The first edition of the re-launch contained pictures of King Edward VII and his family which trebled the circulation. This was followed up by pictures of actresses, sportsmen, babies and animals. The new Mirror aimed to 'provide customers with something to look at on their journey to work, to occupy their minds and prevent them from thinking.'
On the newspapers first anniversary it was selling 290,000 copies and was once again called the Mirror. In 1907 Fyfe left the paper and was replaced by Alexander Kenealy, who had also work for William Randolph Hearst's Journal. Kenealy did the writing while Swaffer took care of the pictures. Swaffer was willing to pay big money for any pictures depicting accidents, disasters, crime, royalty or sporting heroes.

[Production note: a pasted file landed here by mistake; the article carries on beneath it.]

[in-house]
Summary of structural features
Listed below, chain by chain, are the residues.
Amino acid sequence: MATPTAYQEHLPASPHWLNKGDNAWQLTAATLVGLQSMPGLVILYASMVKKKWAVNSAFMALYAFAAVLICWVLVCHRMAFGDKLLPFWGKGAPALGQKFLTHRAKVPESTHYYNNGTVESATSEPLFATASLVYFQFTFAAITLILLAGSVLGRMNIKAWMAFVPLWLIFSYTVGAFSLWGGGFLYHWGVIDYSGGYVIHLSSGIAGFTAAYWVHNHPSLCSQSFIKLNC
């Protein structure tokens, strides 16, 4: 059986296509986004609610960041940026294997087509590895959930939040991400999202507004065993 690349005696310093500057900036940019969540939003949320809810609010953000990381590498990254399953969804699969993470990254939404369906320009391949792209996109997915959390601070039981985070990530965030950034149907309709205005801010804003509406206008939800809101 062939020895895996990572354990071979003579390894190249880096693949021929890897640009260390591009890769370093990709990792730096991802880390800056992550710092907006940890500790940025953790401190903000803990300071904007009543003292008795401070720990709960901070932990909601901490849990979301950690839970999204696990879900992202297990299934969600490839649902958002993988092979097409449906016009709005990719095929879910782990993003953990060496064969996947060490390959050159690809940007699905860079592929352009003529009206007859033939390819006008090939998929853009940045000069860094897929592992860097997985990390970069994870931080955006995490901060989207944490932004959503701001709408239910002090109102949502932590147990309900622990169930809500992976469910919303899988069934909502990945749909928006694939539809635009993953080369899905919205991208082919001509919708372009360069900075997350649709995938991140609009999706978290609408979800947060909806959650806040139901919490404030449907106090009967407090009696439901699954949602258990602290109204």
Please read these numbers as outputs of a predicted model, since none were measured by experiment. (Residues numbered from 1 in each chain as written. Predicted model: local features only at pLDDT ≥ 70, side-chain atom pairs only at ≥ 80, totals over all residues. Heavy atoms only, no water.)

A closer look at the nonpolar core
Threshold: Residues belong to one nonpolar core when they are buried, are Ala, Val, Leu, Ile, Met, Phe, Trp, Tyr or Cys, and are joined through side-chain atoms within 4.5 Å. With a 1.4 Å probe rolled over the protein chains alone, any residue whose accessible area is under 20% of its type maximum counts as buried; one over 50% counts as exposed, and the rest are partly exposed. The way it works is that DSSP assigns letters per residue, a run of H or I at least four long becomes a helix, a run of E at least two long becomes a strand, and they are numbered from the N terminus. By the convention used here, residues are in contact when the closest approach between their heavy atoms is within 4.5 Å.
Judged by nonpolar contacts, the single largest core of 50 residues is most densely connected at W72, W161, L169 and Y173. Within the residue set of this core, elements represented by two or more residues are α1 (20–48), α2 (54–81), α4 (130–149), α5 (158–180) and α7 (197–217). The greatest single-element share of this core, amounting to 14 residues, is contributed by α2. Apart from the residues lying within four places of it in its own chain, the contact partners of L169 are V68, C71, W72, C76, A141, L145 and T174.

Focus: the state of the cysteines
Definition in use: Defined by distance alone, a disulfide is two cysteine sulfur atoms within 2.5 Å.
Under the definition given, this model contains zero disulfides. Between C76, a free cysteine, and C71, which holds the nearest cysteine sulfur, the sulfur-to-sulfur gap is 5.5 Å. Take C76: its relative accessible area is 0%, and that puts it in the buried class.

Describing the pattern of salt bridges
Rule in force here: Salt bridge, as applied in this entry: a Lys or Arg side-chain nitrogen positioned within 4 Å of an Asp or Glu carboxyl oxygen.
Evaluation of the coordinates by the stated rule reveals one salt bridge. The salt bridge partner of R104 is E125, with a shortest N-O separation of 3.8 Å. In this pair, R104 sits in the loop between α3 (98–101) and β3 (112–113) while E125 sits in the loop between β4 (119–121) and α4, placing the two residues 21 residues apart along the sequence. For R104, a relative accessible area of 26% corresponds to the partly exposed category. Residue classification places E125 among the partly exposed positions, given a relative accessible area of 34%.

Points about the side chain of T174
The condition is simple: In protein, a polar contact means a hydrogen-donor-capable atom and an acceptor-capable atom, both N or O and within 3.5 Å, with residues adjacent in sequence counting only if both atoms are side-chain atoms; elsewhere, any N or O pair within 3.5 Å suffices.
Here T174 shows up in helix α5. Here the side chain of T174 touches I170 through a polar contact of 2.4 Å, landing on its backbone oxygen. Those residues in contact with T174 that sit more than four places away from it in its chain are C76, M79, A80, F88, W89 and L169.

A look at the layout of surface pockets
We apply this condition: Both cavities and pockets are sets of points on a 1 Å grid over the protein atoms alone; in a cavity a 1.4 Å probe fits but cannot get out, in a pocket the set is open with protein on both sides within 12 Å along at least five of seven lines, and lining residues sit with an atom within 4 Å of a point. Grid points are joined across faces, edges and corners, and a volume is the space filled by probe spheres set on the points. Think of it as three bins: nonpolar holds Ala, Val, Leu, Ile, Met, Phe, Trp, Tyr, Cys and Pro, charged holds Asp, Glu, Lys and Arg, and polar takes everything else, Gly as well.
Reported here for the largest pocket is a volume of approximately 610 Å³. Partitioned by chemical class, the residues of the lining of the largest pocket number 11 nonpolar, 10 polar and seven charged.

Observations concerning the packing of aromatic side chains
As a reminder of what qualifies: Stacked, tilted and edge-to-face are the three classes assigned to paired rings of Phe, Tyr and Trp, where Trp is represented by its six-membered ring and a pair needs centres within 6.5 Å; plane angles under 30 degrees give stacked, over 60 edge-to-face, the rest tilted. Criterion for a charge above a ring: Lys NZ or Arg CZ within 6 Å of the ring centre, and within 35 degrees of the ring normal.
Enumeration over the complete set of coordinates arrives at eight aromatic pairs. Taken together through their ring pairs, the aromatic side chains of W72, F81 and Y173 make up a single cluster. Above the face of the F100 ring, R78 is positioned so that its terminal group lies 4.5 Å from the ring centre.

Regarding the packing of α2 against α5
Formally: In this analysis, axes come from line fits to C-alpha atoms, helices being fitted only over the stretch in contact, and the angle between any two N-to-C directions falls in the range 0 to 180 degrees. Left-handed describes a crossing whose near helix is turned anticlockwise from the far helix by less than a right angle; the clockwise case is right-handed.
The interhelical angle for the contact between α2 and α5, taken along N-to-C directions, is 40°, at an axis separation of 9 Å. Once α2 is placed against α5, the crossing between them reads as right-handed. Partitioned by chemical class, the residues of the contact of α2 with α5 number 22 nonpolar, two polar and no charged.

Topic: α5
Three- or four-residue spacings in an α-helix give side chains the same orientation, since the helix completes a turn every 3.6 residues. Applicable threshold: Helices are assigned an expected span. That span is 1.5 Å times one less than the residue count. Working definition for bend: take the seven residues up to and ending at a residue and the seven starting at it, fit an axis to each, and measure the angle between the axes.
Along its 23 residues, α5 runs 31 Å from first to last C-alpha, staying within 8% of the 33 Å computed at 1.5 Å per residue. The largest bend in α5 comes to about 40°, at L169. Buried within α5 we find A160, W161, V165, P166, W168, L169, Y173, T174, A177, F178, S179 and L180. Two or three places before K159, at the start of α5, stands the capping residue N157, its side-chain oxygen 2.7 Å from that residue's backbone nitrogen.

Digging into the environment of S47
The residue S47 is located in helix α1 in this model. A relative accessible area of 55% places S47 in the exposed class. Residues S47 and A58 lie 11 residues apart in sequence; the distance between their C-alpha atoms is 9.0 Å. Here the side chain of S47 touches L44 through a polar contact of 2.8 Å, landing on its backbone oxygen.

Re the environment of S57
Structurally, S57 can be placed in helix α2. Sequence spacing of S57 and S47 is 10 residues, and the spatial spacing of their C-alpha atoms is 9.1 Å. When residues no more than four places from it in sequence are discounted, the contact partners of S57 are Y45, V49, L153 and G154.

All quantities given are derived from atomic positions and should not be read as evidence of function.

Swaffer's approach to photography was revolutionary; he encouraged reporters to get into dangerous situations for action shots. The greatest scoop for the paper was a picture of the King on his death bed. The day after the funeral, the picture was republished and sales reached 2,013,000.
Swaffer and Harmsworth’s relationship did not improve and Swaffer eventually sacked himself and joined the rival paper the Daily Sketch. He was eventually sued for libel and his career ended.
In the 1930s Swaffer claimed to be the most famous and successful journalist and his work became increasingly more left wing. He was given the nickname 'the Pope of Fleet Street,' but he was forgotten by the 1970s.
In 1905 Harmsworth became Lord Northcliffe after donating and giving political support to the Liberal Party.